China on forefront of major film market growth

Changes likely to bring liberalization

China is on the cusp of a golden era of growth, which will see it become the world’s second biggest film market and bring with it more market liberalization, according to an upcoming report by the China Film Association Research Center.

As well as becoming the biggest film market after the U.S., by 2015 the market will see an end to monopoly control by state-owned groups; cinema construction will spread to smaller cities; there will be better branding of cinema chains; and animation will become a big part of the biz.

The forecasts could be a reference to a loosening of the quota system, which allows roughly 20 overseas pics a year into China, but which biz figures insist is becoming less strict.

“The figure of 10 billion yuan ($1.54 billion) box office last year is one of the highlights of our report, but we are not only interested in the headline figure, but also the positive way in which the whole industry developed, and the focus on structure,” said Liu Haodong, director of the China Film Association Research Centre and chief editor of the report. The report is due for release in coming weeks and weighs in at a hefty 560,000 words.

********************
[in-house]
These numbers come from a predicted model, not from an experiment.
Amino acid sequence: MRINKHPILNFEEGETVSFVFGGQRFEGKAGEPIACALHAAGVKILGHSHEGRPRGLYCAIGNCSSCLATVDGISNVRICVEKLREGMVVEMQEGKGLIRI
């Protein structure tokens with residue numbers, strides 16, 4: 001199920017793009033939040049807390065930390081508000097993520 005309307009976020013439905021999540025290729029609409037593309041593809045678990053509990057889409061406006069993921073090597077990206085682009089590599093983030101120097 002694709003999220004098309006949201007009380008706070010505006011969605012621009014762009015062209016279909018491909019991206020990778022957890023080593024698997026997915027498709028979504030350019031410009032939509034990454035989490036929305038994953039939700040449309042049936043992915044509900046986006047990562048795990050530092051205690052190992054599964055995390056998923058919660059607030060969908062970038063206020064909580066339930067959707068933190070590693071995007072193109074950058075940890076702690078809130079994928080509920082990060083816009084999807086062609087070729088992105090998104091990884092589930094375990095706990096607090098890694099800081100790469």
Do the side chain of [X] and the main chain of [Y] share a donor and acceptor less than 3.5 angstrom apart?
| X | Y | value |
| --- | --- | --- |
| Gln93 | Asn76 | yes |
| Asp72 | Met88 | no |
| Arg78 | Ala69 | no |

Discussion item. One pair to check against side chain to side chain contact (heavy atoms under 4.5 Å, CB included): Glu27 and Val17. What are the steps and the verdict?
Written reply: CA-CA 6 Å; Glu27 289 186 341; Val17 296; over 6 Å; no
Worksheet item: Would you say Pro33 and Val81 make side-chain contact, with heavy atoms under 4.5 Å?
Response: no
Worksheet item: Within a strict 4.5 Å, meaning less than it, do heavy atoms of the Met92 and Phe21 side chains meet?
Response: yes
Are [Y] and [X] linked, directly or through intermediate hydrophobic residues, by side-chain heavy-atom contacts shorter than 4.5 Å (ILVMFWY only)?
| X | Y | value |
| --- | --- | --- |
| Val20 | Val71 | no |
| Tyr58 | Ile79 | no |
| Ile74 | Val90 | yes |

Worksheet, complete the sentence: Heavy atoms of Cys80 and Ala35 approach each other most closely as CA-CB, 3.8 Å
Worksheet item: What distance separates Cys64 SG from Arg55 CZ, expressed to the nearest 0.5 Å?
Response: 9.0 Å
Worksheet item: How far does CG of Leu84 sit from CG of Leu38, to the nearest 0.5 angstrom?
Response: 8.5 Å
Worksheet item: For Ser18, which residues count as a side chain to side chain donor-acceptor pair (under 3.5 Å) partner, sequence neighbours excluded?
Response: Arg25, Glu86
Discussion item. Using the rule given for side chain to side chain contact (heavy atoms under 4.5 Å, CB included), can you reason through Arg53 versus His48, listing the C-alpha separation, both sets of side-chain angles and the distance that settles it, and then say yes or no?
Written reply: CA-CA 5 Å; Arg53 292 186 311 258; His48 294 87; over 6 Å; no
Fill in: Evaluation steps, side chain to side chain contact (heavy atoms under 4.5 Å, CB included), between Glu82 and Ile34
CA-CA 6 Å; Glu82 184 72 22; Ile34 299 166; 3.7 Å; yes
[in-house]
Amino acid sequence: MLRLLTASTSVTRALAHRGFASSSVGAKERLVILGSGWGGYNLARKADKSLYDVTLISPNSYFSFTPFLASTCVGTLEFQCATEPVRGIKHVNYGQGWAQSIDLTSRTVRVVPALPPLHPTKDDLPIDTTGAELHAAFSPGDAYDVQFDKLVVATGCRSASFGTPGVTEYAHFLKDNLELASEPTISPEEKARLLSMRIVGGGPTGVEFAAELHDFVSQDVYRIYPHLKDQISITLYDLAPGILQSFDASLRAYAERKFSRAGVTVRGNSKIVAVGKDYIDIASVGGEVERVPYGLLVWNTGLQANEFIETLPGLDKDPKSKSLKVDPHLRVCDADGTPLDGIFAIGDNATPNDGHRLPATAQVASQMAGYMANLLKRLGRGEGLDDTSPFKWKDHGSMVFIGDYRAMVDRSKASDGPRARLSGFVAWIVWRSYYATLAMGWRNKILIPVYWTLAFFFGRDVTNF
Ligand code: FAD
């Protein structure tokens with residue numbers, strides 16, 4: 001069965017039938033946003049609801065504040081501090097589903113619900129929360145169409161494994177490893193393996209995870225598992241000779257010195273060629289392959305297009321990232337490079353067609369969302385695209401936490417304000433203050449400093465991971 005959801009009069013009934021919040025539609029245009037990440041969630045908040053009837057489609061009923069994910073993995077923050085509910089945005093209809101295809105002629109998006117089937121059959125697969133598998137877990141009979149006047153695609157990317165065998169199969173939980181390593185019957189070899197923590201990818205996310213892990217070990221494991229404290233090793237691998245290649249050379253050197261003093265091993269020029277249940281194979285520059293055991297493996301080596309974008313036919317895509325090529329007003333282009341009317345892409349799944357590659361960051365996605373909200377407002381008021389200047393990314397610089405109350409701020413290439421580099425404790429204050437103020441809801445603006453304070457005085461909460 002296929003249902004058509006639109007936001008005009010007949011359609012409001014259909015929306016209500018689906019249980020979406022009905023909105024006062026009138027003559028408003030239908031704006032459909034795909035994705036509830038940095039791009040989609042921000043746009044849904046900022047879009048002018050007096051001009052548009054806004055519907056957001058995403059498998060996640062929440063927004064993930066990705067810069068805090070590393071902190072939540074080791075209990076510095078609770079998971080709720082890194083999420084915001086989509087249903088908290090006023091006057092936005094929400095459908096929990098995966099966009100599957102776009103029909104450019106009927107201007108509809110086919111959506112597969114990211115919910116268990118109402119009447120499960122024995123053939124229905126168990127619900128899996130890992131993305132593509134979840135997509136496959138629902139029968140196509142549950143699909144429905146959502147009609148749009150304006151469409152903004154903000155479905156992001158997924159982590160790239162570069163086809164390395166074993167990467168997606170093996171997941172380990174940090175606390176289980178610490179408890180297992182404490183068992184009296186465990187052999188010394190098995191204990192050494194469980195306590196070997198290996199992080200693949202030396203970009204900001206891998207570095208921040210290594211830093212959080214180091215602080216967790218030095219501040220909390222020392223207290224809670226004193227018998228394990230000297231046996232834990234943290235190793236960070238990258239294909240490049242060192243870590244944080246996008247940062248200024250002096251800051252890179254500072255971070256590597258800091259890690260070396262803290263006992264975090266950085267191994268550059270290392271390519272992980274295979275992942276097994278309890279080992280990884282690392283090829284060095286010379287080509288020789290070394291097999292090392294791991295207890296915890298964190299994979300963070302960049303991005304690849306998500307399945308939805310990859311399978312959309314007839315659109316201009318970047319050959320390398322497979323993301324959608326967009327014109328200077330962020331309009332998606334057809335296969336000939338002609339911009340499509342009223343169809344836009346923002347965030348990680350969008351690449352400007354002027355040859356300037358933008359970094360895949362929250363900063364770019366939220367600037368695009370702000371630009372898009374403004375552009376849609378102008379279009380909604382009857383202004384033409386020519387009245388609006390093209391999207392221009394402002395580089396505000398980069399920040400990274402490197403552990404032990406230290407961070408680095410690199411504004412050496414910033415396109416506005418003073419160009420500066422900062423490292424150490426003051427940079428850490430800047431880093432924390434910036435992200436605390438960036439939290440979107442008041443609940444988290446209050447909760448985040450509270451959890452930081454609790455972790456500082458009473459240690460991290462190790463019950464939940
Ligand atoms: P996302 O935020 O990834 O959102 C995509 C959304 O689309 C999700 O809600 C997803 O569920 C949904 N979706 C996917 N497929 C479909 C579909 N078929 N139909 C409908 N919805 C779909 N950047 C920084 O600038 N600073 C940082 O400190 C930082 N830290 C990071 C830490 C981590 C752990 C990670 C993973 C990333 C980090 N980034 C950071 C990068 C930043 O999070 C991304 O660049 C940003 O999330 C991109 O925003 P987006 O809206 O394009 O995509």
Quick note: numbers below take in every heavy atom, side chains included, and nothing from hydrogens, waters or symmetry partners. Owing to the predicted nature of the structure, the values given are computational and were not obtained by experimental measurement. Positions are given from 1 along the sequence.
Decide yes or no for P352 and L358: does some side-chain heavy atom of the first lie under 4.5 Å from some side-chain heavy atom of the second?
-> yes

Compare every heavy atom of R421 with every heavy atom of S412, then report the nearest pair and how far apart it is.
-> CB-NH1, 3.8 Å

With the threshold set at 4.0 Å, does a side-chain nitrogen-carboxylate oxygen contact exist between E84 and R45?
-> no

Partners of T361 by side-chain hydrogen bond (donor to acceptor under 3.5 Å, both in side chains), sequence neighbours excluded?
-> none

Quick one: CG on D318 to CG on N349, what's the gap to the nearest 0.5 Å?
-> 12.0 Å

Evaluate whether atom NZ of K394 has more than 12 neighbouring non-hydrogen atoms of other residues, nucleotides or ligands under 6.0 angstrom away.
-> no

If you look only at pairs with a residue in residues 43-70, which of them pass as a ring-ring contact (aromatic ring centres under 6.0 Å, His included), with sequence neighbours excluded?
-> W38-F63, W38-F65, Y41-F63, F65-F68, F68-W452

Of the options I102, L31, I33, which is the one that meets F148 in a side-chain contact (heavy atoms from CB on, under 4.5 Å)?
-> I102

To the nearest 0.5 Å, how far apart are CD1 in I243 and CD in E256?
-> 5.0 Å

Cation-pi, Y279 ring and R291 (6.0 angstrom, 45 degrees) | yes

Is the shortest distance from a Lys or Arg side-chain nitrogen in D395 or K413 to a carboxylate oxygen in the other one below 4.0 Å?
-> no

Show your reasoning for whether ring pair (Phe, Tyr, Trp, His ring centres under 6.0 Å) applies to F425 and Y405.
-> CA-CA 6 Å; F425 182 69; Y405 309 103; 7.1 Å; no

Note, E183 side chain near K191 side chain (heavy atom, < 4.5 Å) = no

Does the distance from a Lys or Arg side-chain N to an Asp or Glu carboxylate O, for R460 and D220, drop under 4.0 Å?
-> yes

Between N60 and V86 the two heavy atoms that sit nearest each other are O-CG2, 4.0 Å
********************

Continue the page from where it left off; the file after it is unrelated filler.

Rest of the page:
Production, financing and cinema construction all expanded in 2010, and the scale of the industry grew significantly, according to the report, while 3D and Imax technology also performed strongly.

The report notes that auds are changing, with more middle-aged Chinese going to films, whereas previously 20- and 30-somethings made up the bulk of cinemagoers.

Also, a flurry of mid-sized cinemas in central and western China are boosting the industry.

Film themes remain limited, said the report, which called for a wider selection of genres.

Zhou Tiedong, prexy of China Film Promotion Intl., said the report also shows that Chinese films currently have few markets abroad. “It’s time to start promoting overseas sales,” he said. “All the film productions which could go to the international market now are co-productions, and many are not representative of China’s industry. We have 526 film productions, and almost 500 of them are stopped at the gate,” he said.

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